In his budget proposal, President Obama would raise capital gains taxes as a way to finance middle class tax relief. Along with many Republicans, he also supports tax rate cuts for business and efforts to prevent multinational corporations from avoiding U. S. taxation.
This raises an intriguing possibility. Why not pay for at least some corporate tax cuts with higher taxes on individuals on their receipts of capital gains or similar returns? In effect, as it becomes increasingly difficult to find a workable way to tax profits of the largest businesses, largely multinational companies, why not tax shareholders directly?
Most proposals to deal with the complexities of international taxation wrestle with how to tax corporations based on their geographical location. But as Martin Sullivan of Tax Notes said years ago, what does it mean to base taxes on a company’s easily-reassigned mailing address when its products are produced, consumed, researched, and administered in many places?
By contrast, individuals usually do maintain residence primarily in one country. Thus, reducing corporate taxes while increasing shareholder taxes on U.S. residents largely avoids this residence problem. Indeed, many proposals, such as a recent one by Eric Toder and Alan Viard, move in this direction. While such a tradeoff is not a perfect solution, it makes the taxation of the wealthy easier to administer and less prone to today’s corporate shelter games.
Many have made the case for why cutting corporate rates is sound policy. On what policy grounds can Obama’s plan for raising taxes on capital gains fit into this story?
Much of the publicity about taxing the rich focuses on their individual tax rate. But many very wealthy people avoid paying individual taxes on their capital income simply by never selling stock, real estate, or other assets on which they have accrued gains. That’s because, at death, the law forgives all capital gains taxes on unsold assets.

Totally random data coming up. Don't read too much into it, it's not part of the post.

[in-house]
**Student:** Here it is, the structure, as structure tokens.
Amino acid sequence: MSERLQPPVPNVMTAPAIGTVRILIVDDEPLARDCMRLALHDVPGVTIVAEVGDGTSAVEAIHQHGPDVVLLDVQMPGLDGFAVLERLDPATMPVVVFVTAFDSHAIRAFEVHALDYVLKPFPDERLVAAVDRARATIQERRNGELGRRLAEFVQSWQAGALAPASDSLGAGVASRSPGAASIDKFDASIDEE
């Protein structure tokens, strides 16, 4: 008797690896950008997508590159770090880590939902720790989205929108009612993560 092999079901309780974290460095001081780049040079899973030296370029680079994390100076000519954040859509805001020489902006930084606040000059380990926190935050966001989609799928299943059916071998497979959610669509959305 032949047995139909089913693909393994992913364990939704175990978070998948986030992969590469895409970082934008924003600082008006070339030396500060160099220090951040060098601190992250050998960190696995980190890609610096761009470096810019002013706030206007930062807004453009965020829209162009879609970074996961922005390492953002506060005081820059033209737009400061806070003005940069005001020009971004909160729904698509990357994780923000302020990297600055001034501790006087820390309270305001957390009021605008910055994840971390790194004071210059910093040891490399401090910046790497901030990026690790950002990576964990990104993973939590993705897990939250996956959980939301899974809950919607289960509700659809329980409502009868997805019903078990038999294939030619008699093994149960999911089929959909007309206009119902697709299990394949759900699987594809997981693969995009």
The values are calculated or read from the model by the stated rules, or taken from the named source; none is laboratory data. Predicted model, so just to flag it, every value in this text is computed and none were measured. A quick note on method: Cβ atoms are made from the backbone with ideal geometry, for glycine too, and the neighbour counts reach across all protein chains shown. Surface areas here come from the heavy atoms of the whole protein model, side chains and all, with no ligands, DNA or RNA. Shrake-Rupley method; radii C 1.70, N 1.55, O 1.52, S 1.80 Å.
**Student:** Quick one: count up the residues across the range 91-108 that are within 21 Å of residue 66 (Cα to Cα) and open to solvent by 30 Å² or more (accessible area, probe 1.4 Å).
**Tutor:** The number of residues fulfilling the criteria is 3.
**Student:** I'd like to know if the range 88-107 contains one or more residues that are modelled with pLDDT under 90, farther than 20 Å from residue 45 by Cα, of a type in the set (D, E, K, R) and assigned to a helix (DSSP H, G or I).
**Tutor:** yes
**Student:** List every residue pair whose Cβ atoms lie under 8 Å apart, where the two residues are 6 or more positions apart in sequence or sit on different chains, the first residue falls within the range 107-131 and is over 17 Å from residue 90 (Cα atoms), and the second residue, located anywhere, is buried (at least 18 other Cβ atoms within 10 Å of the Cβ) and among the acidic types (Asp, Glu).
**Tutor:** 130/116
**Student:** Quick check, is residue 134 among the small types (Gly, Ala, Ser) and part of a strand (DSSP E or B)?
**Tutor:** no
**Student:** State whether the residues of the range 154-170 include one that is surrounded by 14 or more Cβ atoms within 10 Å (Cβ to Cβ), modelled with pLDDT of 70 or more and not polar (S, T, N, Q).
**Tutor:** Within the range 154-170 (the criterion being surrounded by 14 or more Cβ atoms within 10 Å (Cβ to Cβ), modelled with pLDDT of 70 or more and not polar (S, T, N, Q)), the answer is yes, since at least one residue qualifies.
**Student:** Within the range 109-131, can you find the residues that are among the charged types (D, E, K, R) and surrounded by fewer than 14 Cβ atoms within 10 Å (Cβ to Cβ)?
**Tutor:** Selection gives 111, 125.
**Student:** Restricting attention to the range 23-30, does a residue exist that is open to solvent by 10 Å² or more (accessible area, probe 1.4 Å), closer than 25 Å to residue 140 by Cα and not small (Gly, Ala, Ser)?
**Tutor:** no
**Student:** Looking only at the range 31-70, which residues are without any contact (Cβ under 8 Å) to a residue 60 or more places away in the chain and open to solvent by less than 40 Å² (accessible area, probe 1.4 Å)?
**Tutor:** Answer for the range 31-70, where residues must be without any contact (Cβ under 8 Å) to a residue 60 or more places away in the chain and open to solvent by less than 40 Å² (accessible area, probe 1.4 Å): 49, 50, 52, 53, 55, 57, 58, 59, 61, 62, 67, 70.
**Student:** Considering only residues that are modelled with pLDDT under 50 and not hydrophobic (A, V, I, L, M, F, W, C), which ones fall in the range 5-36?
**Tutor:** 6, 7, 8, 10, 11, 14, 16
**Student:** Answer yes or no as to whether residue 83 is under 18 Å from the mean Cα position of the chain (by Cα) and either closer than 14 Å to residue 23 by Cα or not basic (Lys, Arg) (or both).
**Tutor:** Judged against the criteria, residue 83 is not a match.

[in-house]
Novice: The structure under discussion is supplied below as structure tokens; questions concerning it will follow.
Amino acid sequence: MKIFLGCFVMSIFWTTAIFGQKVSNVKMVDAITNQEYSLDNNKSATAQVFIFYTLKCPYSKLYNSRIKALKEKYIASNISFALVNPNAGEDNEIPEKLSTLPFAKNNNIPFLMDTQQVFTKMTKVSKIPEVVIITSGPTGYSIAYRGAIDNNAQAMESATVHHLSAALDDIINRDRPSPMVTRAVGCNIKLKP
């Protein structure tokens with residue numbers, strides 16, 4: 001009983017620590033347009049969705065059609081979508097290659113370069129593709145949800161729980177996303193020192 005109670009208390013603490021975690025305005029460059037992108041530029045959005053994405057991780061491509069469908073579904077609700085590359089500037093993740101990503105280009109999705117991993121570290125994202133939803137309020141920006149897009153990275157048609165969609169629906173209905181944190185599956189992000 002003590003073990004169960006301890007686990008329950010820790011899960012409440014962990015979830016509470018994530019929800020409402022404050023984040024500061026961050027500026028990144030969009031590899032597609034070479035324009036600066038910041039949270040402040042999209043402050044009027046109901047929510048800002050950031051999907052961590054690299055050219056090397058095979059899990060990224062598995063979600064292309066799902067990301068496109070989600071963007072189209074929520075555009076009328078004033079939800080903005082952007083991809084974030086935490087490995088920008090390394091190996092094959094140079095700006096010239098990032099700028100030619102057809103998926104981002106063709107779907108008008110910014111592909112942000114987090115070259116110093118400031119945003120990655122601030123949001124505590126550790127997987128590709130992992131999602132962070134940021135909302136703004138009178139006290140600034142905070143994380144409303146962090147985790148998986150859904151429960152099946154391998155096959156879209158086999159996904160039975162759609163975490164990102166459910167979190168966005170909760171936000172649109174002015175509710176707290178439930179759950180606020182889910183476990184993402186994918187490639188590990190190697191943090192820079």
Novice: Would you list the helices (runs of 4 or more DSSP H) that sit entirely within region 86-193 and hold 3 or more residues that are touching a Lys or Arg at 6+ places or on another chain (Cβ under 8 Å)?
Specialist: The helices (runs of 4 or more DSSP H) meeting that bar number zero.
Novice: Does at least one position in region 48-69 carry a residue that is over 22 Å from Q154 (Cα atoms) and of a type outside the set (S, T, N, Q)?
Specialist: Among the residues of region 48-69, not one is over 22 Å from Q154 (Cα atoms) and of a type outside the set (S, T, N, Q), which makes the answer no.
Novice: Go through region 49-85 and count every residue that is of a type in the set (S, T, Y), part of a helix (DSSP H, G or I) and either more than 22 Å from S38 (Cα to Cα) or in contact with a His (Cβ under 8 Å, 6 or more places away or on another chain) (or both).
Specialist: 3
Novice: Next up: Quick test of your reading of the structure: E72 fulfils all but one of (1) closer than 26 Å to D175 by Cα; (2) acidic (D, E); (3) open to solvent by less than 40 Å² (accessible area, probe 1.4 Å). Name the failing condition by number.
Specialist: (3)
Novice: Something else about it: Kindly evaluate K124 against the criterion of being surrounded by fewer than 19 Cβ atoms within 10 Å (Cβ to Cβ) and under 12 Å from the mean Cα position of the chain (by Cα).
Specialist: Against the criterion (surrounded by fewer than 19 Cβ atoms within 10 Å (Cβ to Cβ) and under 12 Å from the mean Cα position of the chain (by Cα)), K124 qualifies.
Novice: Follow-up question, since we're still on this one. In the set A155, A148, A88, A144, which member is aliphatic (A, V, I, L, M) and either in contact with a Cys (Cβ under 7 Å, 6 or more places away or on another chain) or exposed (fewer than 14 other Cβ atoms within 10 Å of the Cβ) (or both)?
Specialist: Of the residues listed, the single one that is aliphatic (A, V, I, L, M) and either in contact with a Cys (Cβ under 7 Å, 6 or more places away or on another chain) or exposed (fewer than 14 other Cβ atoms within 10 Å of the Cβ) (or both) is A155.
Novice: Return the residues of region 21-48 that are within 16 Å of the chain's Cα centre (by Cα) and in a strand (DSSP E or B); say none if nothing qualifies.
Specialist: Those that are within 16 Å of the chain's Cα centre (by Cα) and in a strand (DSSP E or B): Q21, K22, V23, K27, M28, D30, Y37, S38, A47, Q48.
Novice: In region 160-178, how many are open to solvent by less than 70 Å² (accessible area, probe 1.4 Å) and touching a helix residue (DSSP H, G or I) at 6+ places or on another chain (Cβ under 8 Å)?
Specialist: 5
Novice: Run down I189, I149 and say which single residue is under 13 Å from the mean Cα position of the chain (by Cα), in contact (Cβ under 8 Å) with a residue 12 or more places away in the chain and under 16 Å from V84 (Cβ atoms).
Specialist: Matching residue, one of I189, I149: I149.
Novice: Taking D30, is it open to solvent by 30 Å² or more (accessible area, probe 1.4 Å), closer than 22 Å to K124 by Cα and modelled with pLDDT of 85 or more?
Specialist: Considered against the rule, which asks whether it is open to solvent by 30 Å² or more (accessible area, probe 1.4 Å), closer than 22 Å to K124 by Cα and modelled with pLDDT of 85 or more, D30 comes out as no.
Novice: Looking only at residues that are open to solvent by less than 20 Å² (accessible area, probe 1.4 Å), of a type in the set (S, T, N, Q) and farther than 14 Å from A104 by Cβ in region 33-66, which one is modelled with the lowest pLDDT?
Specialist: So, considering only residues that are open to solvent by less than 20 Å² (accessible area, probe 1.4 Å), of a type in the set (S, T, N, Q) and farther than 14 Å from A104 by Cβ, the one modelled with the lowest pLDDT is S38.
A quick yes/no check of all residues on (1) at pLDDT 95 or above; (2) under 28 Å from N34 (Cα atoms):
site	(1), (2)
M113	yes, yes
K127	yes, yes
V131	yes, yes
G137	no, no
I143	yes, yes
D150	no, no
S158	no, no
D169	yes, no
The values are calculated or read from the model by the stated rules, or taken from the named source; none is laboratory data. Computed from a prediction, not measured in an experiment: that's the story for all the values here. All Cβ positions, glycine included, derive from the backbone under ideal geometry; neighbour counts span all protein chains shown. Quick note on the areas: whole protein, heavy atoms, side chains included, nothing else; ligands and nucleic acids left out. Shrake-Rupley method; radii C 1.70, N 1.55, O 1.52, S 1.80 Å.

The very wealthy, moreover, tend to realize a fairly small share of their accrued gains and an even smaller share than those who are merely wealthy. It makes sense: the nouveaux riche seldom become wealthy unless they continually reinvest their earnings. And when they want to consume more, they can do so through means other than selling assets, such as borrowing.
Warren Buffett was famous for claiming that he paid lower tax rates than his secretary, alluding in part to his capital gains rate versus her ordinary tax rate on salary. But Buffett doesn’t just pay a modest capital gains tax rate (it was 15 percent when he made his claim and about 25 percent now). On his total economic income, including unrealized gains, it’s doubtful that his personal taxes add up to more than 5 percent.
At the same time, many of the wealthy do pay significant tax in other ways. If they own stock, they effectively bear some share of the burden of the corporate tax. Real estate taxes can also be significant and not merely reflect services received by local governments. Decades ago I found that more tax was collected on capital income through the corporate tax than the personal tax. Today, the story is more complicated, since many domestic businesses have converted to partnerships and Subchapter S corporations, where partners and shareholders pay individual income tax on profits.
The President would raise the capital gains rate and tax accrued gains at death. This would encourage taxpayers to recognize gains earlier, since waiting until death would no longer eliminate taxation on gains unrealized until then. The proposal would effectively capture hundreds of billions of dollars of untaxed gains that forever escape taxation under current law.
Trading a lower corporate tax rate for higher taxes on capital gains could also result in a more progressive tax system since many corporate shares sit in retirement plans and charitable endowments. It would reduce the incentive to hold onto assets—in tax parlance, lock-in—and the incentive to engage in tax sheltering. There’s also a potential one-time gain in productivity, to the extent that the proposal taxes some past gains earned but untaxed, as such taxes would have less effect on future behavior than the taxation of current and future returns from business.
Tough issues would remain. Real reform almost always means winners and losers. For instance, how would a proposal deal with higher capital gains taxes for non-corporate partners and owners of real estate? Toder and Viard, for instance, would apply higher individual taxes only on owners of publicly-traded companies.
Still, some increase in capital gains taxes could help finance corporate tax reform without reducing the net taxes on the wealthy. It is exactly the type of real world trade-off that both Democrats and Republicans must consider if they are serious about corporate tax reform.